Does My Vote Matter?
USG.14 Citizenship. The student understands the difference between personal and civic responsibilities. The student is expected to:
- understand the responsibilities, duties, and obligations of citizenship such as being well informed about civic affairs, serving in the military, voting, serving on a jury, observing the laws, paying taxes, and serving the public good; and
- understand the voter registration process and the criteria for voting in elections.
USG.15 Citizenship. The student understands the importance of voluntary individual participation in the political process at local, state, and national levels. The student is expected to:
- analyze the effectiveness of various methods of participation in the political process at local, state, and national levels;
- analyze historical and contemporary examples of citizen movements to bring about political change or to maintain continuity; and
- understand the factors that influence an individual’s political attitudes and actions.
USG.17 Culture. The student understands the relationship between government policies and the culture of the United States. The student is expected to:
- evaluate a U.S. government policy or court decision that has affected a particular racial ethnic, or religious group such as the Civil Rights Act of 1964 and the U.S. Supreme court cases of Hernandez v. Texas and Grutter V. Bollinger, and
- explain changes in American culture brought about by government policies such as voting rights, the Servicemen’s Readjustment Act of 1944 (GI Bill of Rights), the Immigration and Nationality Act of 1965, the Immigration Reform and Control Act of 1986, affirmative action, and racial integration.
ACGM Student Learning Outcomes
GOVT 2305/2306. Upon successful completion of this module, students will be able to:
- Analyze the election process.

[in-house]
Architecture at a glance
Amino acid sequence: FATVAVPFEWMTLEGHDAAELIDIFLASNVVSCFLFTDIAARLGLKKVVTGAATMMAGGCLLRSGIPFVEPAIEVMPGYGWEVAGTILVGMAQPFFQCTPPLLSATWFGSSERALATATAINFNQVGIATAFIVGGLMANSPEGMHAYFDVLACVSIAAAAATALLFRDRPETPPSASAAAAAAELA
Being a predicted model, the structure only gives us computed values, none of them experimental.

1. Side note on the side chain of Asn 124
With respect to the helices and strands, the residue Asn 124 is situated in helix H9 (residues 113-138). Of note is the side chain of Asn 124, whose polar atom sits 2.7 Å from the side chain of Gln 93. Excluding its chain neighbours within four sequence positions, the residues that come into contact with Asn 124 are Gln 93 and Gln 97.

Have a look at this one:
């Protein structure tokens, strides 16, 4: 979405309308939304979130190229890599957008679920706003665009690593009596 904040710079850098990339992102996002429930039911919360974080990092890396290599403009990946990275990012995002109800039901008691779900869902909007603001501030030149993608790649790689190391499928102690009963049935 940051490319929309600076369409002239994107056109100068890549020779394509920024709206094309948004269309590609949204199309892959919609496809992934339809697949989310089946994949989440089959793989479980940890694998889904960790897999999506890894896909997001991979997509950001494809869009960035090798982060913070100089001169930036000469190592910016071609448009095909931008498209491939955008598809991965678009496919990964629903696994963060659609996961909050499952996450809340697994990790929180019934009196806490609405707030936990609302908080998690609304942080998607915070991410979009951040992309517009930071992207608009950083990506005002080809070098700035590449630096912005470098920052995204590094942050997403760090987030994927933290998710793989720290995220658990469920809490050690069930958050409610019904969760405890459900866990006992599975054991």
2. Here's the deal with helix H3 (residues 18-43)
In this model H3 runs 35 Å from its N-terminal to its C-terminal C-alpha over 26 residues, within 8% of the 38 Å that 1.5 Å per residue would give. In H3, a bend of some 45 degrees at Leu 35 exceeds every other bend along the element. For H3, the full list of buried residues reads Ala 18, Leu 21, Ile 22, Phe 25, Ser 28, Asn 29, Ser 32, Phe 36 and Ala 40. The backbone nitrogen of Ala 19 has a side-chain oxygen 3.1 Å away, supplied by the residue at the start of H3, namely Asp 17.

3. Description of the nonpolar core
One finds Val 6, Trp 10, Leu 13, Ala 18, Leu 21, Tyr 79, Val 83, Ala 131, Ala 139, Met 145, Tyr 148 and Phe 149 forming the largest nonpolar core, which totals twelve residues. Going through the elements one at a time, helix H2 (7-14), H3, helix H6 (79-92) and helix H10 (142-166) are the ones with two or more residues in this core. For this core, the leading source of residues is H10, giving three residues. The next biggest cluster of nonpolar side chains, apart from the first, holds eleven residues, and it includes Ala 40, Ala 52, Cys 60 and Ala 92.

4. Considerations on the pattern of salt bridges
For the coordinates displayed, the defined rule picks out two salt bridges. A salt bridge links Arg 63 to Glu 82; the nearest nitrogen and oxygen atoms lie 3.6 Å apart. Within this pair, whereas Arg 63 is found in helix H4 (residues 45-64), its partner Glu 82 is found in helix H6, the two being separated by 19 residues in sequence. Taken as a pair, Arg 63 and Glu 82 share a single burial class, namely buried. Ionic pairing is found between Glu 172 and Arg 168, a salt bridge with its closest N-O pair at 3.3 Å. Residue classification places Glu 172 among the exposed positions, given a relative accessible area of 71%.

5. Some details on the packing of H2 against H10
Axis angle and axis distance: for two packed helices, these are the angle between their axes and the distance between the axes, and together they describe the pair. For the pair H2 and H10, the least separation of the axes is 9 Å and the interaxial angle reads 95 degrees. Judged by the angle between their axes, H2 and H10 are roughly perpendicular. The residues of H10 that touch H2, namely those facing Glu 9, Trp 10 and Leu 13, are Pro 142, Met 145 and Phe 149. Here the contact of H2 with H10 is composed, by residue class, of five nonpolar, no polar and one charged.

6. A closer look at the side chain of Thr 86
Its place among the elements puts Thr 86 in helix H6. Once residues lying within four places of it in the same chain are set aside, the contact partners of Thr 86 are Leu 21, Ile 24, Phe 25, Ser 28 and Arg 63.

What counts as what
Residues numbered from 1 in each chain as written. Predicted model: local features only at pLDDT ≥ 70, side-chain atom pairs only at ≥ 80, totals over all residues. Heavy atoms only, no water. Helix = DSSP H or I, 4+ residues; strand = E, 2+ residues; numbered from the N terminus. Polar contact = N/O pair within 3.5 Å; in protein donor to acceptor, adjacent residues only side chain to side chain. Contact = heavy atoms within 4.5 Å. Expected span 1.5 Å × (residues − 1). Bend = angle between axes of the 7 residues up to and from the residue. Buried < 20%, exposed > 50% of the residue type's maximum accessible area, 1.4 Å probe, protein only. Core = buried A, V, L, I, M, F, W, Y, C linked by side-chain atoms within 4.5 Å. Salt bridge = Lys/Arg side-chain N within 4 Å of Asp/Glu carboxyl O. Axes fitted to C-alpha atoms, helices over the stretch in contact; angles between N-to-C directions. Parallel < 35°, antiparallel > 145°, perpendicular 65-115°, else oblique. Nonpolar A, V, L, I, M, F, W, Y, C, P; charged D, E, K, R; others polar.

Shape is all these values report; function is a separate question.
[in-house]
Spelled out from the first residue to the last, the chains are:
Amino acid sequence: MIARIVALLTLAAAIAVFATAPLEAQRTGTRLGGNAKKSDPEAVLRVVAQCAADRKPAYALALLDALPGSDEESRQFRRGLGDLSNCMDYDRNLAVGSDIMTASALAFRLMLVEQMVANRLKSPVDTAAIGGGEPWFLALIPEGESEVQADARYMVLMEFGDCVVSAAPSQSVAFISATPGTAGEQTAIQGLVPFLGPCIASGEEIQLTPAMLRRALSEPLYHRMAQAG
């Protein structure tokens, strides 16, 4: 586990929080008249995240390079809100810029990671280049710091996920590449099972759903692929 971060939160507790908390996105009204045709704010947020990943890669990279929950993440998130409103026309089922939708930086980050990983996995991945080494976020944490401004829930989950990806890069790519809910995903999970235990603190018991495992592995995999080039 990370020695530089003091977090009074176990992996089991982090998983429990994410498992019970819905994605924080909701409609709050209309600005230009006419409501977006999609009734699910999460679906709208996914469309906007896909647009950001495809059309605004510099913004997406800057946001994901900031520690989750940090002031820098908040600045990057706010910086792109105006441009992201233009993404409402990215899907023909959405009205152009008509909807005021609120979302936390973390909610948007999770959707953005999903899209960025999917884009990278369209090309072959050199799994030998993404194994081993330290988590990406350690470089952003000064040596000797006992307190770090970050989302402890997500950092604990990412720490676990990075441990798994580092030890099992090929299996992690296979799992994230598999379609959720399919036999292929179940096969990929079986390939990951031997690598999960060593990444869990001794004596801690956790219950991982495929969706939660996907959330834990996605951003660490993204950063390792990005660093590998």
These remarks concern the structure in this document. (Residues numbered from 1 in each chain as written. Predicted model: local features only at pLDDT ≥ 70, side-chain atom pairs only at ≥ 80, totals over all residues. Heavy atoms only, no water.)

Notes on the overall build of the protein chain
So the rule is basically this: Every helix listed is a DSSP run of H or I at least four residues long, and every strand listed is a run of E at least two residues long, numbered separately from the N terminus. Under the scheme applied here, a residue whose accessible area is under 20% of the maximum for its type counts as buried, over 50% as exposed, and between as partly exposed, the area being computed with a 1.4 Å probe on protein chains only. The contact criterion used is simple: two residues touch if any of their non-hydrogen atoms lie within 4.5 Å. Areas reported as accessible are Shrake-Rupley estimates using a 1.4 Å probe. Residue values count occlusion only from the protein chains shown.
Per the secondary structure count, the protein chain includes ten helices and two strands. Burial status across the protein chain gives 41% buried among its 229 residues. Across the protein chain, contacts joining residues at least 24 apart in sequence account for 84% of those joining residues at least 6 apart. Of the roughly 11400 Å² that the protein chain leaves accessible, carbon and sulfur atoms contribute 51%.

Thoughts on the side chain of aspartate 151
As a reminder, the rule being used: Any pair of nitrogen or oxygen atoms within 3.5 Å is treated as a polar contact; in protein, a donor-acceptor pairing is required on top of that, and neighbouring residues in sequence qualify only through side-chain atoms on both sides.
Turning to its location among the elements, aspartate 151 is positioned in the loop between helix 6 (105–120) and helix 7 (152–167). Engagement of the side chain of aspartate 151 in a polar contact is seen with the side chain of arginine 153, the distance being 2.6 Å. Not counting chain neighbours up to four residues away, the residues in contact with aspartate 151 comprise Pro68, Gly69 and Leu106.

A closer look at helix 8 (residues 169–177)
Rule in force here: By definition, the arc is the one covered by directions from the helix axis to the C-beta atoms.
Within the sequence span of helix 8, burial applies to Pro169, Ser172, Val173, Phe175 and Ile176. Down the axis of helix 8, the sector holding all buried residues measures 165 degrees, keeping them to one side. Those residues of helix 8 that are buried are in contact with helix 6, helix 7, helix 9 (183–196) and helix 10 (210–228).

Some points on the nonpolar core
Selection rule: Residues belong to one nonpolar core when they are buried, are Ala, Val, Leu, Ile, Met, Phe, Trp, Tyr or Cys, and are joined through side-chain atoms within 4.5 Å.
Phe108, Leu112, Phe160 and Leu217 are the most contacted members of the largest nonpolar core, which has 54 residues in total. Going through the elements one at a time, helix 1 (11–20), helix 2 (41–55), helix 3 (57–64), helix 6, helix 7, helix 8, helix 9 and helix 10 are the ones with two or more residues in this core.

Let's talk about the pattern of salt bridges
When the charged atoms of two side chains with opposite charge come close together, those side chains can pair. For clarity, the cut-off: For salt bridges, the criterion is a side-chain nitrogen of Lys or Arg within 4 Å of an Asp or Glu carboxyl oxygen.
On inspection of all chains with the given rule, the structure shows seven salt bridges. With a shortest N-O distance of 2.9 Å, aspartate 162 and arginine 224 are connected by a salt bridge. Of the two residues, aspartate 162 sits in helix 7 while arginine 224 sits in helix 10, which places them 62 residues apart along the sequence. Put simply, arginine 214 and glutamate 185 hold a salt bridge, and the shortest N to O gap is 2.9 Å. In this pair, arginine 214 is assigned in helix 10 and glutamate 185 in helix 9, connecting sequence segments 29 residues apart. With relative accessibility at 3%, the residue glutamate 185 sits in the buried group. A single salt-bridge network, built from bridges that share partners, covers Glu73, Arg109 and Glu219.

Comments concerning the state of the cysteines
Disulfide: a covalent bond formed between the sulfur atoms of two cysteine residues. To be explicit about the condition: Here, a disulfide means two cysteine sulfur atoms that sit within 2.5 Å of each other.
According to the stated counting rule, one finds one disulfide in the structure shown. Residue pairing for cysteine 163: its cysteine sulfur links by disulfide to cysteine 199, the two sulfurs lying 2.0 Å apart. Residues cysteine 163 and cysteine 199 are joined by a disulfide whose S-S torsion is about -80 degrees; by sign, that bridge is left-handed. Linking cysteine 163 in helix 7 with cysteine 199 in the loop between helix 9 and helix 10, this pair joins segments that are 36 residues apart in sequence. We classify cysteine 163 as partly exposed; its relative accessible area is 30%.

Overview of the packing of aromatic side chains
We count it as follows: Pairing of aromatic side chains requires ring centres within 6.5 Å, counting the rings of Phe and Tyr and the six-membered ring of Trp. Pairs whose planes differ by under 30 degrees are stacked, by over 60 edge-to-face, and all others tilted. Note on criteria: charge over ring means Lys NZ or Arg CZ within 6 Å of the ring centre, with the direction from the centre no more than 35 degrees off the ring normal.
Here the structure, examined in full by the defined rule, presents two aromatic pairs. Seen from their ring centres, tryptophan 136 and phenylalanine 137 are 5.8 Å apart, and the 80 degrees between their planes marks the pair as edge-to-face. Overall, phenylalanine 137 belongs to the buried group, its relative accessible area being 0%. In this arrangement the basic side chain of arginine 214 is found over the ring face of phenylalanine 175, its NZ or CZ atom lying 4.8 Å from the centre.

- Identify the rights and responsibilities of citizens.
- Analyze issues and policies in U.S. politics.
Module 2 examines the direct impact of decisions made by elected officials on our daily lives and the role of cultural values in determining voting habits. The connection between civic duties, such as voting and government services, is considered. Major milestones in civil rights movements are also reviewed.
Does My Vote Matter?
- Explain why voting participation is important to your community. (Level 3)
- Discuss the role of activism in securing voting rights. (Level 2)
- Predict a difference that becoming a Texas voter can make in your life. (Level 2)
- Activity Questions
- Video: Does My Vote Matter? ( 6:30 min)
Link to the video using this URL: http://www.kaltura.com/tiny/qancx
- Embed the video: Copy the embed code below and paste it where you want the video to display.
(Important: Remove the text highlighted in yellow, otherwise the video will not show.)Embed Code:
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Reading Assignment Links- Choose one or more options:
- Texas Politics 4.1, 4.2. Explaining Voting and Non-Voting
The Texas Politics Project, Basic Edition. University of Texas at Austin. 2006.
- American Government. 7.2 Voter Turnout
Krutz, Glen, and Sylvie Waskiewicz, ed. Open Stax, Rice University. 2016.
- American Government, Chapter 10
Lenz, Timothy O. and Mirya Holman. University Press of Florida, 2013.
- Of the People.
- Tomorrow Today. Voices from Across America